• If you’re the colourful type, there’s very little choice. The Minilab 3 comes in either white… or black. Not the most diverse colour palate, so if you’re reading this Arturia, please release some more funky colour combos!!

The ugly?

  • That sturdy metal base we loved so much on the MK2 – it’s gone. Call us old fashioned, but no breed of plastic will ever feel as good quality as solid metal. A move that we assume, was done to cut costs #Shame

Okay, so now you’ve got a clear understanding of the Arturia Minilab 3, but… don’t get ahead of yourself.

Because before buying any midi controller, it’d also be wise to consider how the Minilab 3 compares to its rivals. Useful to know, as the market for midi controllers with 25 keys isn’t exactly small; 25 key midi controllers are by far the most popular variant of any keyboard controller!! So it’s safe to say that the Minilab 3 isn’t without its fair share of competition from the likes of Akai, Novation and even Donner.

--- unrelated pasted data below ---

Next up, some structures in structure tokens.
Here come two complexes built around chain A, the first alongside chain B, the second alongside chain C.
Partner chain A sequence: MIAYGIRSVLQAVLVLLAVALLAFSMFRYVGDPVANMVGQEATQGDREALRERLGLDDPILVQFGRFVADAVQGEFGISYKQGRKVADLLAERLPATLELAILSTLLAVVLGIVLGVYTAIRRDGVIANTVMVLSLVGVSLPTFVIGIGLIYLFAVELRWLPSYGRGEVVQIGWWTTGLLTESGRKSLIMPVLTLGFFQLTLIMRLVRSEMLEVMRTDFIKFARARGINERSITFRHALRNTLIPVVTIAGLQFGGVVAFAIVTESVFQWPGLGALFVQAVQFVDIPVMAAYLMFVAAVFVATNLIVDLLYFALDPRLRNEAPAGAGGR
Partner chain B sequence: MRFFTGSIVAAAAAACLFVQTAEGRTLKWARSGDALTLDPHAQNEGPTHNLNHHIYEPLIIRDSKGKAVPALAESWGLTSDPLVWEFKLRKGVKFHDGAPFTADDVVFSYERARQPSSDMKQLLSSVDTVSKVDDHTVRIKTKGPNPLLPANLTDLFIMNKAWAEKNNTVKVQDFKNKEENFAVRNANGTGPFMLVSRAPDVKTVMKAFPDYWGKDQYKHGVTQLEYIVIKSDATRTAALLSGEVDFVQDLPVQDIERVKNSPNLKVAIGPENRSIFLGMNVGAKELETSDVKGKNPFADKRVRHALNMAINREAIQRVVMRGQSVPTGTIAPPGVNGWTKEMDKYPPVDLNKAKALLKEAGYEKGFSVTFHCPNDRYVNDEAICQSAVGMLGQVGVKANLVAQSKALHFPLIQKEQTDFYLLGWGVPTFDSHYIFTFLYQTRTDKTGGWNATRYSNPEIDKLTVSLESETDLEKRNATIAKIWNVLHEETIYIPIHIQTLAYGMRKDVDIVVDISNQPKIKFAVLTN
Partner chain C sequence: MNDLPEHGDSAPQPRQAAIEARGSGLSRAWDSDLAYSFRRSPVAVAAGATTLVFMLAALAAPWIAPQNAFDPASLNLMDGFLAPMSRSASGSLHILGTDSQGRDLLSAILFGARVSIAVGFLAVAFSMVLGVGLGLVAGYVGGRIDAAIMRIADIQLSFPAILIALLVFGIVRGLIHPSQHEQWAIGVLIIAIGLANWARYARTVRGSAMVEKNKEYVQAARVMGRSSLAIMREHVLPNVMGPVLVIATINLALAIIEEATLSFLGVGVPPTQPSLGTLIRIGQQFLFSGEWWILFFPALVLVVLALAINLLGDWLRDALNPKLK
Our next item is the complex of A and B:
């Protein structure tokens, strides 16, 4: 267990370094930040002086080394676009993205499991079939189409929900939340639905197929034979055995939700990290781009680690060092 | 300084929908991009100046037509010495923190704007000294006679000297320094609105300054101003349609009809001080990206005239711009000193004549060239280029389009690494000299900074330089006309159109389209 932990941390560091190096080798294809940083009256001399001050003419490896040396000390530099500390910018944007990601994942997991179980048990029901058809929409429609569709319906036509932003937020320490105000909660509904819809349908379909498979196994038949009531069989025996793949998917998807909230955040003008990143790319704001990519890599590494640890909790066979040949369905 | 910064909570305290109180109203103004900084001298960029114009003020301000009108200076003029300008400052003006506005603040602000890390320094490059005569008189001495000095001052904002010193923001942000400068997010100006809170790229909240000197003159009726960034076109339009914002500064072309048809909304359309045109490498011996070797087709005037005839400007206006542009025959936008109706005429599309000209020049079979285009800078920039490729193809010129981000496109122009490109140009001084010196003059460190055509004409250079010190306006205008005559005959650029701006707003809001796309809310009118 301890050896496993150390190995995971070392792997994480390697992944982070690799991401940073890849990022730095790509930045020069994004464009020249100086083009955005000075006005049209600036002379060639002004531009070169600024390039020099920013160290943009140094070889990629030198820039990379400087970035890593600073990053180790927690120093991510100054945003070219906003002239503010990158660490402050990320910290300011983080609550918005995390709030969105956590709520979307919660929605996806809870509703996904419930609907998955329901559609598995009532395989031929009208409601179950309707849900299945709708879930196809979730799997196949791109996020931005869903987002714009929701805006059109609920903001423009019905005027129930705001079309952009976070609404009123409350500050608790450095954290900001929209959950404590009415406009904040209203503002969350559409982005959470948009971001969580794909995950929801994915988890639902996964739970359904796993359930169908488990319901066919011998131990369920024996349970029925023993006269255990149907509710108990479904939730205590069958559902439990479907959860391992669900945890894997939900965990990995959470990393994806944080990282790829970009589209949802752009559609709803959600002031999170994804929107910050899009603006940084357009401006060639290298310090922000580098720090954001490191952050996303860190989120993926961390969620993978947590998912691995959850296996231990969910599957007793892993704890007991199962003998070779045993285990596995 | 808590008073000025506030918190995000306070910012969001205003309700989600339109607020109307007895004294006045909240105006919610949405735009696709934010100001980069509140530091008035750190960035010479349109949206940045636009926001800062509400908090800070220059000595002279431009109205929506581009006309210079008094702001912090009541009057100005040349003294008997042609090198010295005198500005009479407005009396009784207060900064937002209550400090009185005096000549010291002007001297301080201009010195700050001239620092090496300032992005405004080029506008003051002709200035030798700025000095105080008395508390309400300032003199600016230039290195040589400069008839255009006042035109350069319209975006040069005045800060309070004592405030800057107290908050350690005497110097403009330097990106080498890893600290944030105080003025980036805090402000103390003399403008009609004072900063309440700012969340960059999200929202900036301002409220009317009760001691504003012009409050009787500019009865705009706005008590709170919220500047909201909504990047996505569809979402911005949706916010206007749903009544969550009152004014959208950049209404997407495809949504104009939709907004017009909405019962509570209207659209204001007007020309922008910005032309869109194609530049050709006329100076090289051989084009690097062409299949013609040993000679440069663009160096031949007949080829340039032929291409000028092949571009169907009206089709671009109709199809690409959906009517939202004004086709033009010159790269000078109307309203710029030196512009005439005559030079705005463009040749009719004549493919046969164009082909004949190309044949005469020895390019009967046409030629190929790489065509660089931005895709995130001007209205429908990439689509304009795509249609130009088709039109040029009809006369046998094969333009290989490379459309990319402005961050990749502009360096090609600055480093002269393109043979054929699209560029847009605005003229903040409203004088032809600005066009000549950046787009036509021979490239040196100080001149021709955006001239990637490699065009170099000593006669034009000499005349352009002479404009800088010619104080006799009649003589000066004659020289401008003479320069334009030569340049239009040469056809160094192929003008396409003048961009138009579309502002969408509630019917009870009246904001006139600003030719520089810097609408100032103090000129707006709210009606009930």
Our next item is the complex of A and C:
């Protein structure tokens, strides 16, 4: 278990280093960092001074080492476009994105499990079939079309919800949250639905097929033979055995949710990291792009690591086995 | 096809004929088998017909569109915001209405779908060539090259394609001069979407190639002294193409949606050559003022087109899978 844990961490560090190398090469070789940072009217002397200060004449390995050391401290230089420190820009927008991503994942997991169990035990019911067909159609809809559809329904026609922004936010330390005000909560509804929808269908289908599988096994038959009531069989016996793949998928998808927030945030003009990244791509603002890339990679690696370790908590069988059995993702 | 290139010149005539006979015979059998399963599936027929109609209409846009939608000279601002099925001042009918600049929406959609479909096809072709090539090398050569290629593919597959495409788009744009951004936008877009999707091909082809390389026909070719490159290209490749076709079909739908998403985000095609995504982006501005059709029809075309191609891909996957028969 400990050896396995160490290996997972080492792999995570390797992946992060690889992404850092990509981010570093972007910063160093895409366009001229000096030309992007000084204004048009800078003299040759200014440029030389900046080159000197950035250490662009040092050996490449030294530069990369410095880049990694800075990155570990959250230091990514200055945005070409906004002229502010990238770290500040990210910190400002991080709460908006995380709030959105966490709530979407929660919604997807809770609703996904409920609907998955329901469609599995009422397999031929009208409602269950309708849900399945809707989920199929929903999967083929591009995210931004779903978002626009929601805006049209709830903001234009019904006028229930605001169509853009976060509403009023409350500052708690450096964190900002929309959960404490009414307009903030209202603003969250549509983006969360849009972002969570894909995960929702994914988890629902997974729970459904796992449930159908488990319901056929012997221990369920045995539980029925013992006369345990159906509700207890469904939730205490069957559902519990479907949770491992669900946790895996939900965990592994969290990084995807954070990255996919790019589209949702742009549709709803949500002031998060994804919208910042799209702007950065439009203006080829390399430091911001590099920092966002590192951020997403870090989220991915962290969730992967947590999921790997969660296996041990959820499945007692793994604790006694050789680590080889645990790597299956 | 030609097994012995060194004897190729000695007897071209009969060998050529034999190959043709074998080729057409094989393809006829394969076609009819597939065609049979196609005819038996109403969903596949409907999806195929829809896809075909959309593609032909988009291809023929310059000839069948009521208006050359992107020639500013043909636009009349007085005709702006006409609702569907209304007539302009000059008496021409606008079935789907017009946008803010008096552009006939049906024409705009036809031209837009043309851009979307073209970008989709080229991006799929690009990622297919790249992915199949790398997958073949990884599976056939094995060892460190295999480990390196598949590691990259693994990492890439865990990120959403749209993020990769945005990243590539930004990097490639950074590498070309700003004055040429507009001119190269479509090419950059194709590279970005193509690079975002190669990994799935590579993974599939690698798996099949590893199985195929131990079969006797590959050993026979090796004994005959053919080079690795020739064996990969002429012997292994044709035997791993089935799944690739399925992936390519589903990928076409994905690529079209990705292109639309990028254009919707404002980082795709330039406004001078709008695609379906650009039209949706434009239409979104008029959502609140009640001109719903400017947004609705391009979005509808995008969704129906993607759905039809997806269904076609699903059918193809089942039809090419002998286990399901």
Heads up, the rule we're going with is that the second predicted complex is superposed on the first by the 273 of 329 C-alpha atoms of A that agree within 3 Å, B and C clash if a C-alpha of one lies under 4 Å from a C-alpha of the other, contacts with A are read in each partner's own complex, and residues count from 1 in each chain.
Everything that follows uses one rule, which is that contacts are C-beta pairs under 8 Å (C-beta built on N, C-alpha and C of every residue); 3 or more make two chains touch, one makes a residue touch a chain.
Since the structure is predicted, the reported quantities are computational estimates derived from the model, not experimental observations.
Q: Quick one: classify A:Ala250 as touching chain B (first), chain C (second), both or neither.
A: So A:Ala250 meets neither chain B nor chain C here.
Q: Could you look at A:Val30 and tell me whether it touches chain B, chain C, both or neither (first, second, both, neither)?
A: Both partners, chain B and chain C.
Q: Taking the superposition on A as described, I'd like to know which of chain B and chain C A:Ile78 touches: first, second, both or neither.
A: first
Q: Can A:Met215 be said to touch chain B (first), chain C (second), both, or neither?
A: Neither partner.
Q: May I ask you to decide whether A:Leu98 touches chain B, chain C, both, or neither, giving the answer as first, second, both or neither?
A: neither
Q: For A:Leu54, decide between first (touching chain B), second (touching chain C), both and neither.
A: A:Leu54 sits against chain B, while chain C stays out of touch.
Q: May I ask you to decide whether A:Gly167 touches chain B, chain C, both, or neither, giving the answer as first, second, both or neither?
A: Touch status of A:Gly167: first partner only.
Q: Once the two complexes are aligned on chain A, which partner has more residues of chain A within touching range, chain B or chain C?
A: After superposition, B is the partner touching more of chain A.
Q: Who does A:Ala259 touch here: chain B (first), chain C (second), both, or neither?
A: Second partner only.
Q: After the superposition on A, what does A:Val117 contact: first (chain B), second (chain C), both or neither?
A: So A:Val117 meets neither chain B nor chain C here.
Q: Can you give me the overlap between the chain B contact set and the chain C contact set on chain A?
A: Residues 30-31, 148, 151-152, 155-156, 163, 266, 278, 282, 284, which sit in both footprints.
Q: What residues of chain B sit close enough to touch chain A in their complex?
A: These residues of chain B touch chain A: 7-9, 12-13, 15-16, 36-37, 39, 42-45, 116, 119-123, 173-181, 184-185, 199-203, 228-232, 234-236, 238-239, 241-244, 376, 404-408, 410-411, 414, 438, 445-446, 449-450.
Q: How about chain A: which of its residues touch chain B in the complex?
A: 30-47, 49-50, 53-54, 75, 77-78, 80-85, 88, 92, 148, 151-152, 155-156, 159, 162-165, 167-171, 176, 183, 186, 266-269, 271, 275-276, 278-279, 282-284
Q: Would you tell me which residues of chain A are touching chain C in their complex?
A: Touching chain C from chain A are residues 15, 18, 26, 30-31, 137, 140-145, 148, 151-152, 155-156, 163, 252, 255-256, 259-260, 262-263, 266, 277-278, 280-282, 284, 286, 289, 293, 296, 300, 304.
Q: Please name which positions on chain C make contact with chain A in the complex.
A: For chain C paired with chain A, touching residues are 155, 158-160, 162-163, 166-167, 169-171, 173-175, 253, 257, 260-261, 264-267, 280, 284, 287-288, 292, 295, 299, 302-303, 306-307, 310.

With that in mind then, here’s the Arturia Minilab 3 pitted up against its some of its most fierce competition…

Arturia Minilab 3 VS Novation Launchkey Mini MK3


  • Both the Minilab 3 & the Launchkey Mini MK3 have 25 semi-weighted keys, which are velocity sensitive. But just like with the Akai (above), when it comes to key feel it’s no competition. The Minilab 3 steals the show. The keybed is that bit deeper & the keys themselves feel slightly larger, allowing more more expression and better control.
  • Choose the Minilab 3 or the Launchkey Mini, & you’ll bag yourself 8 assignable knobs. However… while those on the Arturia are endless encoders, those you find on the Novation do have specific start/ end points. Something that if you’re a plugin-junkie, could be restrictive